The next few hours passed in a flash with a flurry of checks and re checks and information about what was going to happen and in what order. Thankfully I was pretty well versed in what would happen in theatre as my lovely cousin is training to be a midwife and she had very kindly talked me through the whole thing minute by minute a week or so earlier.
The midwife we had on the day was fantastic, friendly, happy, reassuring and professional. Things got even better when I met the consultant who would deliver Starfish and he assured me that they would all take great care of Starfish and I and, guess what? He beamed that the anaesthetist was not only good but “the best in Northern Ireland”. He explained again the possibility that the spinal may not be possible but stressed that if this anaesthetist couldn’t do it then no one could. I mentally decided that surely I couldn’t be that much of a medical mystery and we headed off to theatre in high spirits, me inwardly reciting my hypnobirthing affirmations and hubby in toe pushing afore mentioned cot!
Unlike any other trip to an operating theatre I’ve had, by the time we reached the double doors I was euphoric! I met the anaesthetist, one of the jolliest people I’ve ever met and the rest of the amazing theatre staff. Hubby was left outside the door while I was prepared for show time. I sat on the edge of the bed, back arched, hugging a pillow while the anaesthetist explained he would give me 2 general anaesthetic injections before the spinal. I braced myself and retreated inward concentrating on my breathing a la hypno birthing. I heard the anaesthetist count 1 and 2 for the injections but felt nothing. He the asked that I continue with my breathing and give him a minute to find the best place to administer the spinal. About a minute later I asked him to let me know when he was ready to do it, he laughed and suddenly I felt a tingle down my right leg, he’d done it! What’s more, the tingle was a good sign that it was working! I was numb, not paralysed and best of all, AWAKE! I felt like I had won the lottery. Moments later, with a spray of cold water which I couldn’t feel on my belly, everyone agreed that the spinal had been a success. By the time hubby came in the first incision had been made and just 6 minutes later Starfish was born!
It was beyond amazing! There were tears and snot (and that was just from me and hubby) Starfish didn’t cry in the way I expected, he just sort of squeaked to signal his arrival. This panicked me, what was wrong? why wasn’t he crying? Oh no, it was all going so well! Until the midwife brought him to me and as he lay momentarily on my chest I realised that everything was fine and he was just the most chilled out baby ever. Go Starfish!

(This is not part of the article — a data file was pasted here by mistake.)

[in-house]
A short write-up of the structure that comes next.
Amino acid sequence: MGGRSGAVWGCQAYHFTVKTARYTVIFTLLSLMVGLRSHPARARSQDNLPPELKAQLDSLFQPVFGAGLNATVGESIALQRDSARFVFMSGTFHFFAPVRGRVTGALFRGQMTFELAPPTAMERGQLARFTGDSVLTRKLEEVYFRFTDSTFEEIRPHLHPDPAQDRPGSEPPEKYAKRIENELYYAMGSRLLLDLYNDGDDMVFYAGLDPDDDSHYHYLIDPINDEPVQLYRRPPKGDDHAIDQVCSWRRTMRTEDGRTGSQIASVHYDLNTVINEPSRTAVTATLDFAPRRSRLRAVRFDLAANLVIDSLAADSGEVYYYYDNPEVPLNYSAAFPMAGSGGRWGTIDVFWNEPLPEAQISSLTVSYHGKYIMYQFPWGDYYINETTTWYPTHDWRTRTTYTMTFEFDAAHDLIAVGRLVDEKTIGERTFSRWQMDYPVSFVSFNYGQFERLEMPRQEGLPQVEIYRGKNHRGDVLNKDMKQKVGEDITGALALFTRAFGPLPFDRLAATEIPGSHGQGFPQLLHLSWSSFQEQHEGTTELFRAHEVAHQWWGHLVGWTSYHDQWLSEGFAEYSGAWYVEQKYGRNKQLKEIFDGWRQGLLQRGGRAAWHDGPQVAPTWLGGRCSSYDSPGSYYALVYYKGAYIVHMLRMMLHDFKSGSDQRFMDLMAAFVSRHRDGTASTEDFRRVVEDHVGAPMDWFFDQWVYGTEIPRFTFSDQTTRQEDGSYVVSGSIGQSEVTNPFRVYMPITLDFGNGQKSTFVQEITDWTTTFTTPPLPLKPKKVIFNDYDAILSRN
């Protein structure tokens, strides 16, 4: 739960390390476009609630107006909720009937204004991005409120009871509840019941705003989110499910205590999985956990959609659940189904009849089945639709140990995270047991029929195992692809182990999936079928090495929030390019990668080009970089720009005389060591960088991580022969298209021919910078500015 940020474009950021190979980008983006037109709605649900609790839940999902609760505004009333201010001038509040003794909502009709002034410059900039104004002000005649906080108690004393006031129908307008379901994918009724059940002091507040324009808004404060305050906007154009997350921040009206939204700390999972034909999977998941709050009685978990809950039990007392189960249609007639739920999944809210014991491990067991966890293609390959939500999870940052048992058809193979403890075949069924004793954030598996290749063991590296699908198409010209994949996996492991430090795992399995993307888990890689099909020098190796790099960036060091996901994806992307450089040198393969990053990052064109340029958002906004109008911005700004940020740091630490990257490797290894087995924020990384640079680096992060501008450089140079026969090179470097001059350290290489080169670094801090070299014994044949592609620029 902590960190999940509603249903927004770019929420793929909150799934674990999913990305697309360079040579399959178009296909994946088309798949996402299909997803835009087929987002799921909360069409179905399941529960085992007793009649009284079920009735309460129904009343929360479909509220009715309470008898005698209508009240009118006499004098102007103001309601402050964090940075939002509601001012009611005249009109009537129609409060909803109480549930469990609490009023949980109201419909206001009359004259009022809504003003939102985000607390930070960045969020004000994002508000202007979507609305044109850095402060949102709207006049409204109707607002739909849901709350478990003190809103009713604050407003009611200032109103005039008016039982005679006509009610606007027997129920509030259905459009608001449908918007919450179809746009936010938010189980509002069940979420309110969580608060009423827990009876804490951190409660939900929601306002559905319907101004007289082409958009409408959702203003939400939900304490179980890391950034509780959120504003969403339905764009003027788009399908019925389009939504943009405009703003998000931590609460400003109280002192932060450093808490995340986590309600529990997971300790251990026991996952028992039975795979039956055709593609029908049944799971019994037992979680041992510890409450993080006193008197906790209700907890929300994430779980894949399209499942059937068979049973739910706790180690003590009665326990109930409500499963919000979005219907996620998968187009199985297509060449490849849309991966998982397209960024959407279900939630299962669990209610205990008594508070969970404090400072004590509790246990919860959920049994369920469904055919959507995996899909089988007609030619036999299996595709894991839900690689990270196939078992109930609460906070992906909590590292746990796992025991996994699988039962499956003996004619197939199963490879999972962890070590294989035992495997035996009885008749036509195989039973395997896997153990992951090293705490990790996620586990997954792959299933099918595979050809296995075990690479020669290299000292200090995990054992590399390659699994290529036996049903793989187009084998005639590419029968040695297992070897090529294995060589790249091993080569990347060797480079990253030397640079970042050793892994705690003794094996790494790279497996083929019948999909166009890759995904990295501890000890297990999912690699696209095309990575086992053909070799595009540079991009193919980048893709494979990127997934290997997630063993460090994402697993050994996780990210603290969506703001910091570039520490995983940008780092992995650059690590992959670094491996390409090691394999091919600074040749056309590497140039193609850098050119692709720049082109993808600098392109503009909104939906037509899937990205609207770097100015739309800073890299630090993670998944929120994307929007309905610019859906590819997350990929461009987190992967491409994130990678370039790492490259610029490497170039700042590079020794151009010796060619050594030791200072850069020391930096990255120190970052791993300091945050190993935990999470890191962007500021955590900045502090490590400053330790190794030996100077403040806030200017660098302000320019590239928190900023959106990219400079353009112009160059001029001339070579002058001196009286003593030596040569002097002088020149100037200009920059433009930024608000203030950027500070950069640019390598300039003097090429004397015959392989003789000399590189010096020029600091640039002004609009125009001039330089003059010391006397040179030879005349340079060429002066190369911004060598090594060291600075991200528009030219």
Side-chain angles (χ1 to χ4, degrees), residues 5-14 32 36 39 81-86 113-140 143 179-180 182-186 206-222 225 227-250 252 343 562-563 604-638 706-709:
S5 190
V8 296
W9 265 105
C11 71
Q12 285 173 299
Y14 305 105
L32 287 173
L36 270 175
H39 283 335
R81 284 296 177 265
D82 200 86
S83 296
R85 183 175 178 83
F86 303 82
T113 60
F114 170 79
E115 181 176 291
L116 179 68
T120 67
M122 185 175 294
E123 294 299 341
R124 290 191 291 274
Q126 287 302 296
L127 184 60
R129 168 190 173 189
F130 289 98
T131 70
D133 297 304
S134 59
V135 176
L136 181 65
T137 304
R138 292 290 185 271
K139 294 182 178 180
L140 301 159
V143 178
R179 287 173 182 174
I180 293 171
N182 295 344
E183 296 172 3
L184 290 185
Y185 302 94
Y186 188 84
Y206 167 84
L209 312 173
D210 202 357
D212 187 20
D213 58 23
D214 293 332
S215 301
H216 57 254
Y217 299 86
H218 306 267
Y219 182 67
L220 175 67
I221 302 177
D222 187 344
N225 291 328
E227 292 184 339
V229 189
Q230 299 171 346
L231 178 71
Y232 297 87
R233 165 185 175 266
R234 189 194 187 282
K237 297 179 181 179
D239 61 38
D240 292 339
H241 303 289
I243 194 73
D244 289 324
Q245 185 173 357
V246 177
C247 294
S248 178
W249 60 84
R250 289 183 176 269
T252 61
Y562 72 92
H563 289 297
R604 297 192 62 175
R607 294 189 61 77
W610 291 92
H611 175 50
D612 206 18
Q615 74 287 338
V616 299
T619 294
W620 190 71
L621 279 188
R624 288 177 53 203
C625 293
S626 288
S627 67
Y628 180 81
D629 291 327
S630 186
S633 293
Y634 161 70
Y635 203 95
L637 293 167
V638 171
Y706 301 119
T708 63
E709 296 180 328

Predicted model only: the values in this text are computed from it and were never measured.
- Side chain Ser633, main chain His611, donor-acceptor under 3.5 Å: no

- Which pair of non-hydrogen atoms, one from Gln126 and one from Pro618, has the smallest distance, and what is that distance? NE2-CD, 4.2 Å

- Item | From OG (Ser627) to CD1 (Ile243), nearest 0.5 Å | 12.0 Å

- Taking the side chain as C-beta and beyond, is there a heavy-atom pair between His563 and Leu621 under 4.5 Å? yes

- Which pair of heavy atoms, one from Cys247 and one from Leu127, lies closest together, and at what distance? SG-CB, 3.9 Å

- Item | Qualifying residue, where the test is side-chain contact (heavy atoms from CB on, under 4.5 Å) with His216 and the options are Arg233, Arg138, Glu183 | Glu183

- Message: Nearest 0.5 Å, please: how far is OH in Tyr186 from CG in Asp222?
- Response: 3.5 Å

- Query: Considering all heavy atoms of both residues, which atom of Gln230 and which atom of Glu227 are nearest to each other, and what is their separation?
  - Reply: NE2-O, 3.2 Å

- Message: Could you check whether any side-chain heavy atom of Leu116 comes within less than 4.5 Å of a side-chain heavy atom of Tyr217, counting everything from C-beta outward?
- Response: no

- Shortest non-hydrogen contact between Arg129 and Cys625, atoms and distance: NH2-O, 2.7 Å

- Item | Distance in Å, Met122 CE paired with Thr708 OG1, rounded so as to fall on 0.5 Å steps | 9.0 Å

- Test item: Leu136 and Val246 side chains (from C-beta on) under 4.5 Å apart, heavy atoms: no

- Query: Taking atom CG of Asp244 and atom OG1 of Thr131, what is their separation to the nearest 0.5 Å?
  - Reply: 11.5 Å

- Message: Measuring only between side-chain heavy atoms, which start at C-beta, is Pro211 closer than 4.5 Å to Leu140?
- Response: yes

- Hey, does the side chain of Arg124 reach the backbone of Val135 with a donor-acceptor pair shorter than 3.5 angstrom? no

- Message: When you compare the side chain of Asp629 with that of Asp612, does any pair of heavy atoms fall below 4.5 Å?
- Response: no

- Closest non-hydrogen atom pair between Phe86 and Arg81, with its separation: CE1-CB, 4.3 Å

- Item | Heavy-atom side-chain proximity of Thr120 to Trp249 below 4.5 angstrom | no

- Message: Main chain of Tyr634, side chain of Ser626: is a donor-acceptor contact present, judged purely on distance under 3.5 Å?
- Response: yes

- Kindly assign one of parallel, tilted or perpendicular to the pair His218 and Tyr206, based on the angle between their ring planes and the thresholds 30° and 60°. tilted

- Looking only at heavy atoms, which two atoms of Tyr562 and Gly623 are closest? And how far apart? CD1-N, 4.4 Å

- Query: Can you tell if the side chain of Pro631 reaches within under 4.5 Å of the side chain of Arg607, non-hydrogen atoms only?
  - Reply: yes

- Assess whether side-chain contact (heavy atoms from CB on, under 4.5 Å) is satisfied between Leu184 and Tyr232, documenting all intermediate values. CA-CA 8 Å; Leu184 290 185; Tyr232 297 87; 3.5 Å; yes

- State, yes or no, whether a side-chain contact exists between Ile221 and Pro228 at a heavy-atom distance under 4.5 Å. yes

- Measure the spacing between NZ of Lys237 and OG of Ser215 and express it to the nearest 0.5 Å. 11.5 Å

All too soon I was told that Starfish and Daddy (how weird, hubby was now “Daddy”) would leave me for a while to get stitched and I could join them as soon as possible in recovery. I knew this was coming and we had already discussed that this was a lovely opportunity for some father son bonding time.
As I waited for the medical team to do their thing the anaesthetist congratulated me on my “text book delivery” and our beautiful son. He was so taken by Starfish that he suggested I name him after him. Right in that moment I loved him so much for not knocking me out that I briefly considered his suggestion.
Some time later I made my way to recovery and on the way round the corner I could hear what sounded like an Oscars acceptance speech. I soon realised this was Daddy and Starfish having a full scale (albeit slightly one sided) conversation.
After some more checks we were all allowed back to our room on the ward. Starfish was placed on my chest where he remained for 6 hours of blissful, uninterrupted skin to skin contact.
As I lay looking down at his beautiful big eyes and button nose, with his perfect little hand curled around my finger; it didn’t matter that I had been sick for nearly 7 of the last 10 months, had heartburn for the last 3, been cut open, nor that I was numb from the waist down and would remain so for the rest of the day… Starfish was here and I was the happiest woman alive.